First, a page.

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  1. Activity Overload Samantha Heder SOC 1020

  2. Table of Contents Slide 3- Reflection Page Slide 4- Professional Research Slide 6- Visual Examples Slide 8- Final Reflection Slide 9- Works Cited

  3. Initial Reflection • I have decided to do research on the amount of extra curricular activities kids participate in today versus 15 years ago. I personally have seen a huge push for parents to enroll their kids in as many activities as possible. Having a wide variety of activities outside the home on your college applications sets you apart from other students. Having many activities going on also gives the impression the family has more money than the average one as well. The push for these activities has really added to the busy level of the average family, and although it has helped in some ways, it has also created some negative affects on the children participating in them.  • The number of activities a child is expected to participate in can be attributed to many things. The constant push to be the best at everything from the media, school, and society urges parents to create Olympians, geniuses, and Broadway dancers. Parents now a days, are much more inclined to support their kids in activities which can improve parent and child relationships by creating a common interest. But this push for constant scheduling can also create a wedge between the parents and children by making the children feel too much pressure from their parents. By examining the difference between the participation levels in 2 eras, I'll be able to compare the effect these activities have on the family's busy-ness level. 

  4. Professional Research • Article 1: • CNN- Overscheduled Busy Children • This article goes over the pros and cons of scheduling your children. It talks about the increase opportunities kids can gain from activities. It also goes over the affect this scheduling has on children, and how the anxiety level raises for both groups when there are too many activities. Link to Article :

  5. Professional Research Cont.. • Article 2: • NY Times- The Busy Trap • This article goes over the difference between busy and exhausted. It talks about the difference between those who over schedule their children and those who have a lot on their plate because of the need to support their family. It talks about how children come home just as tired as those adults now a days, and the danger it has on pushing their childhood out too quickly. Link to Article:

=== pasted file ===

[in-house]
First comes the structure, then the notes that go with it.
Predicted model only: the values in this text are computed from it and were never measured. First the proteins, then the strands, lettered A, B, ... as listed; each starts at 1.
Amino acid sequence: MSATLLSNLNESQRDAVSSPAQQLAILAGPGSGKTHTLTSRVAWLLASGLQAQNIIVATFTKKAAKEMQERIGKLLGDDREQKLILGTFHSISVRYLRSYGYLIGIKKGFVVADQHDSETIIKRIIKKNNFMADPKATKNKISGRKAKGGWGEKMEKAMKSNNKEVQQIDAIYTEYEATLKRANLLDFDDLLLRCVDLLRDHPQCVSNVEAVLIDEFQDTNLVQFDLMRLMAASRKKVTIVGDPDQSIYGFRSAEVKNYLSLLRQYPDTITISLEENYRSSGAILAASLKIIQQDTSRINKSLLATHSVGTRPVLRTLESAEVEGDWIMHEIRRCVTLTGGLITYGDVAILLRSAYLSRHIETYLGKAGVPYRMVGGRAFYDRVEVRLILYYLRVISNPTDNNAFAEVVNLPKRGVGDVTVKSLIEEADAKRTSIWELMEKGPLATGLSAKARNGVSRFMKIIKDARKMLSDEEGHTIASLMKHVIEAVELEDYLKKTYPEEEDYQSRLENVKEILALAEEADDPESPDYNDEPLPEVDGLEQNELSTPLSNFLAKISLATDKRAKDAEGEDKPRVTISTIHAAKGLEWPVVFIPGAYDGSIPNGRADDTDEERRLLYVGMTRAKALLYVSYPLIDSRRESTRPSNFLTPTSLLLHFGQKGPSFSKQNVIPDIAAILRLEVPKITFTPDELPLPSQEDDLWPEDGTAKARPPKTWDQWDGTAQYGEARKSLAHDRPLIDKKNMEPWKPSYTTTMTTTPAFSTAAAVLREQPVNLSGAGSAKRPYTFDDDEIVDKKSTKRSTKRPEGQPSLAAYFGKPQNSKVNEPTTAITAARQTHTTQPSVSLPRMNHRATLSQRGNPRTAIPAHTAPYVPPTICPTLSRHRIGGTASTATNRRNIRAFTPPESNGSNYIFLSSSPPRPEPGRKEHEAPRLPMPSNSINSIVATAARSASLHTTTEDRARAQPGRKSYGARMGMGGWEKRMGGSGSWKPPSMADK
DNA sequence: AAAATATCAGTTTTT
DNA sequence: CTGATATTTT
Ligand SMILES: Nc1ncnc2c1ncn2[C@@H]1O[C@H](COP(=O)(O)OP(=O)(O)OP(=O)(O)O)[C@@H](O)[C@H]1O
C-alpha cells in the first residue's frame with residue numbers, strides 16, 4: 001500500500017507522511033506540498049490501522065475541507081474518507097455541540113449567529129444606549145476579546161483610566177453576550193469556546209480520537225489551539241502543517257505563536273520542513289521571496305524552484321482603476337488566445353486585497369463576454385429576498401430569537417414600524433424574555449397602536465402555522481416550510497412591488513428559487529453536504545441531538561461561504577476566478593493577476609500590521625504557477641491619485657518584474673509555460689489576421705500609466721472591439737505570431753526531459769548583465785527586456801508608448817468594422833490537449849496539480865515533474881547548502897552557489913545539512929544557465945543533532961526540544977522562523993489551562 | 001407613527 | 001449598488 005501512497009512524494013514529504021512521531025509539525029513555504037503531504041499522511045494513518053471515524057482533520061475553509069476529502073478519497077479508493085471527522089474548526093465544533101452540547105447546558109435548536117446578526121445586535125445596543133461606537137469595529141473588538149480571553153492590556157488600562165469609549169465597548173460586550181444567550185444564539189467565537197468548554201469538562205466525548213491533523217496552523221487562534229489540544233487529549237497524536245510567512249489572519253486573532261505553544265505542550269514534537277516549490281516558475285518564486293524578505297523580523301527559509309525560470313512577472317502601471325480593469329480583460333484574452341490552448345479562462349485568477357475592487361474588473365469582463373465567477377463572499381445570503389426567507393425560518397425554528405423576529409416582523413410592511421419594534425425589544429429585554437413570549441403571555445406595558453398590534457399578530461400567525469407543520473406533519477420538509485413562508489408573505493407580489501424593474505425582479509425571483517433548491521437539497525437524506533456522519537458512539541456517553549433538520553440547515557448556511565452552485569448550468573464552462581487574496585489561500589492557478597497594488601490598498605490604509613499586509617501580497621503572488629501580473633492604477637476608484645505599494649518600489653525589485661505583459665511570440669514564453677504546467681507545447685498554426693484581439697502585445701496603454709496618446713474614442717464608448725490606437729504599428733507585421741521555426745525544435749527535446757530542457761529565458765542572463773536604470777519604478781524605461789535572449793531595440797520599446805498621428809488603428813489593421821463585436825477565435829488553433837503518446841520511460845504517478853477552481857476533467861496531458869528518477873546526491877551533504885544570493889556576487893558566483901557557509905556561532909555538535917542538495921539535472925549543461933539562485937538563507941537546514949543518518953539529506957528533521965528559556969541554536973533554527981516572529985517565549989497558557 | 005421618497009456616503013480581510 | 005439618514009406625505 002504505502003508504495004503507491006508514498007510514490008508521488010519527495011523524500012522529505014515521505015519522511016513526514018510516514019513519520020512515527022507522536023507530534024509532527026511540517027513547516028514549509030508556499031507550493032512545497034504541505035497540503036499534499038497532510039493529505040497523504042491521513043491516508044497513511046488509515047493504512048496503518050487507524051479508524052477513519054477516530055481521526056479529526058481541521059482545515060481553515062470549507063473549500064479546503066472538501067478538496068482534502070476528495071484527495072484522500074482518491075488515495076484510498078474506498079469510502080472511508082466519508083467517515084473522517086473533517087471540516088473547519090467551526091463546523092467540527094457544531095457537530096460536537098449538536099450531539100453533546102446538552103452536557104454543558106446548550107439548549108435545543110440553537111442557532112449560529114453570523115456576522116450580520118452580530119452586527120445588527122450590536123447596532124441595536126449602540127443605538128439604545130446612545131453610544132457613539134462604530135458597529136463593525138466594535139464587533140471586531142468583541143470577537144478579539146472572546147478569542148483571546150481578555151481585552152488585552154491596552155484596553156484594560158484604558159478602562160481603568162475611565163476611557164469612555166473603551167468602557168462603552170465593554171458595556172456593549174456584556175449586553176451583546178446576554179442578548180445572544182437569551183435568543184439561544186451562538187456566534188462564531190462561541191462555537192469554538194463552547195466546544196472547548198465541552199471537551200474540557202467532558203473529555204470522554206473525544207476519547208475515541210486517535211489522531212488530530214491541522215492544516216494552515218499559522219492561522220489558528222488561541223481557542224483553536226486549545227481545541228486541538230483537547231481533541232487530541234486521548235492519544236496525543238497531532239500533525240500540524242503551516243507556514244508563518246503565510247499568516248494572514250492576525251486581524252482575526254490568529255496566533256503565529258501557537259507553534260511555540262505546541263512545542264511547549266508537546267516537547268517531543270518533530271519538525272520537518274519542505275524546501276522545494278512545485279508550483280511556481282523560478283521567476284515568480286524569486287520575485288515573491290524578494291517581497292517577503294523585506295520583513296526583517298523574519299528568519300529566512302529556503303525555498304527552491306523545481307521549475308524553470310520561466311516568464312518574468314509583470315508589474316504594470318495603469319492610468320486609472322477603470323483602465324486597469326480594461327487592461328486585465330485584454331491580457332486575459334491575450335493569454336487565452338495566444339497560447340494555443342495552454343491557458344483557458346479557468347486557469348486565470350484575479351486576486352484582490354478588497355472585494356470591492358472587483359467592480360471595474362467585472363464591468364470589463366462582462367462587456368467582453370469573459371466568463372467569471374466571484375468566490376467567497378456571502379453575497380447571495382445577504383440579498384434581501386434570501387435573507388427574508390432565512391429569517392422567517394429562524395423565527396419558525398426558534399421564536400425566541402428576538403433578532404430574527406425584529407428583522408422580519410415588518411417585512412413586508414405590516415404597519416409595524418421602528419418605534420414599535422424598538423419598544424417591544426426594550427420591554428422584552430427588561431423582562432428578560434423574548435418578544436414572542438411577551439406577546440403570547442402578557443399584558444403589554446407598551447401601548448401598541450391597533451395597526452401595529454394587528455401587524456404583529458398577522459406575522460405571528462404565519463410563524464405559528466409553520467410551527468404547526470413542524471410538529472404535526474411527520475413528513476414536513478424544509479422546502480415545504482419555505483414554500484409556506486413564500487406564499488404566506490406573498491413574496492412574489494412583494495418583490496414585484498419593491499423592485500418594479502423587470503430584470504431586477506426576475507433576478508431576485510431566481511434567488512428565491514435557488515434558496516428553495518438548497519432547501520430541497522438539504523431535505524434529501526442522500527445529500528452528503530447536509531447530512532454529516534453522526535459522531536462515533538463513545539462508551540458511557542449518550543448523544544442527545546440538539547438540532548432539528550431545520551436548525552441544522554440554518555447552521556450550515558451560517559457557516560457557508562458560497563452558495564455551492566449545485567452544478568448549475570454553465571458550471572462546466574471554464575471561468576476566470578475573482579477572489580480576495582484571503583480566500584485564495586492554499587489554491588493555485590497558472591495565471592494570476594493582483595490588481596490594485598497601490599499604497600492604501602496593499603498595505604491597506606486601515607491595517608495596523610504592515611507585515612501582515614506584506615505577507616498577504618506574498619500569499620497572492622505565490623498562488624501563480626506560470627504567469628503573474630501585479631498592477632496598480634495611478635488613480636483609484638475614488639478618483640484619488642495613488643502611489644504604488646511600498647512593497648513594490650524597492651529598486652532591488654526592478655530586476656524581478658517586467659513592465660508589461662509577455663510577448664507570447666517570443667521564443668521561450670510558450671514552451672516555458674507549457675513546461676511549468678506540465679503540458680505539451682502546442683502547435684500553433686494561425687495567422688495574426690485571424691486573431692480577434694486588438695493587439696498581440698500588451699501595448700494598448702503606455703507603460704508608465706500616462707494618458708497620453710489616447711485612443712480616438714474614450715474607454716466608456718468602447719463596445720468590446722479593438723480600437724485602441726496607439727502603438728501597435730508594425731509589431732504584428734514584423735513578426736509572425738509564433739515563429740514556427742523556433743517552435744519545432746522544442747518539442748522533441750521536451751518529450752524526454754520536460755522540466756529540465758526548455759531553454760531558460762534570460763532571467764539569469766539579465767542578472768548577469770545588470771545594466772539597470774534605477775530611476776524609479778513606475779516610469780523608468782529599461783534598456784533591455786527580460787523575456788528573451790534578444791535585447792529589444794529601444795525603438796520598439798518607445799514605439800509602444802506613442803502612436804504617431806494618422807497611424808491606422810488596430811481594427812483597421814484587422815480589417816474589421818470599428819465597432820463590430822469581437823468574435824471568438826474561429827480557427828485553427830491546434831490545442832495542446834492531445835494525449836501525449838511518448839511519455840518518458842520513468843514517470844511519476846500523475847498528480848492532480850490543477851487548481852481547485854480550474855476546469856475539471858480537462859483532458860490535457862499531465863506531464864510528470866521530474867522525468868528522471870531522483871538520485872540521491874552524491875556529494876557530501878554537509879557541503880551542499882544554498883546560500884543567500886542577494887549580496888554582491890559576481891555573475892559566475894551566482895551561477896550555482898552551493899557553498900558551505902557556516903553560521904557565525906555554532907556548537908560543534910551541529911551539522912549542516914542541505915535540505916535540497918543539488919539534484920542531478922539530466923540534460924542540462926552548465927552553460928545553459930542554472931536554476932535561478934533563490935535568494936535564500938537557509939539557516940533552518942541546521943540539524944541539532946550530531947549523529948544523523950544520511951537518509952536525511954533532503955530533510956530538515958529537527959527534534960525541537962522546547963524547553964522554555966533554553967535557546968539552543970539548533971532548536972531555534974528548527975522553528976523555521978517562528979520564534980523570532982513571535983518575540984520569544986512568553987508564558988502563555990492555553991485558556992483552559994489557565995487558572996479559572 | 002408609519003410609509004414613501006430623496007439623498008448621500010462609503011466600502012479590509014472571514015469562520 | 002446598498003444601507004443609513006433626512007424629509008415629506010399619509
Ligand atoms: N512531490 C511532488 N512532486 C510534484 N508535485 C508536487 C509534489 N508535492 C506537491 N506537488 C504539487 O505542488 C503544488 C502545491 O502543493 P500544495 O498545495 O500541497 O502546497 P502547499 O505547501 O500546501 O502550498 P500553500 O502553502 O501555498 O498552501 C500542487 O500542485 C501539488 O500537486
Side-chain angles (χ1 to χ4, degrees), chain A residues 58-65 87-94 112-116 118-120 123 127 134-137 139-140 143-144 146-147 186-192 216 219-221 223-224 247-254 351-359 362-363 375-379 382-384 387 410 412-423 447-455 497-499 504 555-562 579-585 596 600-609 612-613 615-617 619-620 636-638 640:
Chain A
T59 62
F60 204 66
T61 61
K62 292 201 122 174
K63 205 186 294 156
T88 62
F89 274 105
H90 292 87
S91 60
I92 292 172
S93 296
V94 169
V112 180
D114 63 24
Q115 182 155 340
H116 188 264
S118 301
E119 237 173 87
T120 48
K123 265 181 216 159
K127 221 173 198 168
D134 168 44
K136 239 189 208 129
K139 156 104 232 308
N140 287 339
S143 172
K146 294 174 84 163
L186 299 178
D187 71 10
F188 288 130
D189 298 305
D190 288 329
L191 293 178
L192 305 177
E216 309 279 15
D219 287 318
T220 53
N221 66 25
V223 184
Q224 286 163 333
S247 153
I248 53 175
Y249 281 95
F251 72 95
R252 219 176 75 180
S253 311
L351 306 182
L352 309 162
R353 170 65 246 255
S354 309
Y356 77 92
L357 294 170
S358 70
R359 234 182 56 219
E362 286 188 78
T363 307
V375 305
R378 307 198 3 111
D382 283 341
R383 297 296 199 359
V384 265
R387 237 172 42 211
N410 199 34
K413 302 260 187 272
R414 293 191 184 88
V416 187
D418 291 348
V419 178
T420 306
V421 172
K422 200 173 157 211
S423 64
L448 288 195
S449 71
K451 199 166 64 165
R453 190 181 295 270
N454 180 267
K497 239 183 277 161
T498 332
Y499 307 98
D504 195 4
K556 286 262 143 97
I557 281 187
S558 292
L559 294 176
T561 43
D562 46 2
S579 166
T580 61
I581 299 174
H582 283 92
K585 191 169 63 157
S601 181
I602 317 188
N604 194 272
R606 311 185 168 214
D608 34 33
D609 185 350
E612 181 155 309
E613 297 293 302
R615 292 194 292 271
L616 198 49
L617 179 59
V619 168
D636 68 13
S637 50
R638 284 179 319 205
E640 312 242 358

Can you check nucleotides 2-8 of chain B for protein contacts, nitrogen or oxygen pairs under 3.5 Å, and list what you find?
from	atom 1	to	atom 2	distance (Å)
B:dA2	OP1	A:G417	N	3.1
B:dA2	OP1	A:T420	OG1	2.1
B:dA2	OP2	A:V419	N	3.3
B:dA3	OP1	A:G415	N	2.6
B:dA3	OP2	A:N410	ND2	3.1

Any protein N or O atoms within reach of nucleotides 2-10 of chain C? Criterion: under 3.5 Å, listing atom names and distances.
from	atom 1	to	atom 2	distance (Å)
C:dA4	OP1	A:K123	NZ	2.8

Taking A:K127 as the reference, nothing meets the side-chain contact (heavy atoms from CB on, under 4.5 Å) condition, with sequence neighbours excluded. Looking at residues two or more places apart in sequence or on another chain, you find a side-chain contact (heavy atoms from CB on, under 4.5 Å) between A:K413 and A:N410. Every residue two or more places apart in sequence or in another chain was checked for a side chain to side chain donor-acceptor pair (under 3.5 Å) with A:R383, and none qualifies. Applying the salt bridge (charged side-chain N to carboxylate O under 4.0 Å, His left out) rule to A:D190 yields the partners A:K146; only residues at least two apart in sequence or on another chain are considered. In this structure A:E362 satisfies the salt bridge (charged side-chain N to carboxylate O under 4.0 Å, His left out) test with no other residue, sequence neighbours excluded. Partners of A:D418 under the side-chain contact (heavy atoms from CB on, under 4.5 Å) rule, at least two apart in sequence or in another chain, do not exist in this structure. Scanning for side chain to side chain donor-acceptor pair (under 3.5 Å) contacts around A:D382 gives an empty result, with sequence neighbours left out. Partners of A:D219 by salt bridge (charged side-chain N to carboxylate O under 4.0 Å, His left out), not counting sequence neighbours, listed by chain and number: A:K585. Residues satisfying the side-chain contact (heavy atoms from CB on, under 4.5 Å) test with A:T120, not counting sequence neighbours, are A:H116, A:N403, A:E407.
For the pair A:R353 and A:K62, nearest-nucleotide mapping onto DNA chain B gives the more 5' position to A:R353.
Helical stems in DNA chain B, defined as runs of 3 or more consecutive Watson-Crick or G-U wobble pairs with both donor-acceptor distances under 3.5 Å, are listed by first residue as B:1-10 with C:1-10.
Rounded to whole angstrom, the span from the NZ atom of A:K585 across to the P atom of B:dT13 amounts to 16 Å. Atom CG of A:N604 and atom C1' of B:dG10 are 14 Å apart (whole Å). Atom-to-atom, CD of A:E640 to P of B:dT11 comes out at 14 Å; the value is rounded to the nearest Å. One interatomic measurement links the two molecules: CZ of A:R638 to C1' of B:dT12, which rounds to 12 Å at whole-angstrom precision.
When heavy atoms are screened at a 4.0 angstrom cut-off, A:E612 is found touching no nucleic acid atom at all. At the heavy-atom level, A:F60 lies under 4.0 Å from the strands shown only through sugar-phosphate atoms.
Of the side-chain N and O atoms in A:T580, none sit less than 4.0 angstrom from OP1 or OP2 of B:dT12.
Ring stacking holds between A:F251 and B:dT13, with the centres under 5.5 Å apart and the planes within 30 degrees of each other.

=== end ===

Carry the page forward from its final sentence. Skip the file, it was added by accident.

6. Visual Example 1 • Activities & School Success Information from: Nat. Center of EDU Stats

  7. Visual Example 2 • Children Diagnosed with Anxiety Issues Children’s Manifest Anxiety Score= CMAS Boys: Girls: 1954 Av: 16.32 1954 Av: 14.94 1981 Av: 22.42 1981 Av: 19.91 Info from: APA

  8. Final Reflection • After doing research on the amount of extra curricular activities that kids participate in today versus 15 years ago, I have found a couple things to be a trend in society. There are pages and pages of articles about increases in anxiety and depression in kids lately. Of course there are other factors that could play into this trend, like increased acceptance of psychological intervention and availability of treatment; but a lot of this problem can be correlated to the higher expectations that parents have of children today. And the need for children to be involved in order to accomplish a level of success in comparison to society's expectations.  • Those are all things that I expected to find, but there are a few things that I did not expect. One of those things is the advantages that this push for activities has on some groups. The push for these activities has created a gap in low level income kids and higher level income kids. The lower income families cannot afford these activities, and it puts their kids at a disadvantage against those who can afford the activities. But through this gap, a need as been created for programs to help kids be exposed to these activities. Programs like After School Programs and the YMCA offer easier access to activities. This has done great things for underprivileged groups, but it has not done enough. The continuing development of these programs will continue to lessen this gap. 

  9. Works Cited • Education, U. D. (1995, June). Extracurricular Participation & School Engagement . Retrieved from NCES: • Kreider, T. (2012, June 30). The Busy Trap. Retrieved from NY Times: • Levs, J. (2013, March 10). Overscheduled Busy Children . Retrieved from CNN: • Phelps, M.-E. (2010, July 13). Minorities and After School Programs. Retrieved from Education Week: • Scholten, A. (2008, March). Increasing Anxiety. Retrieved from Belief Net: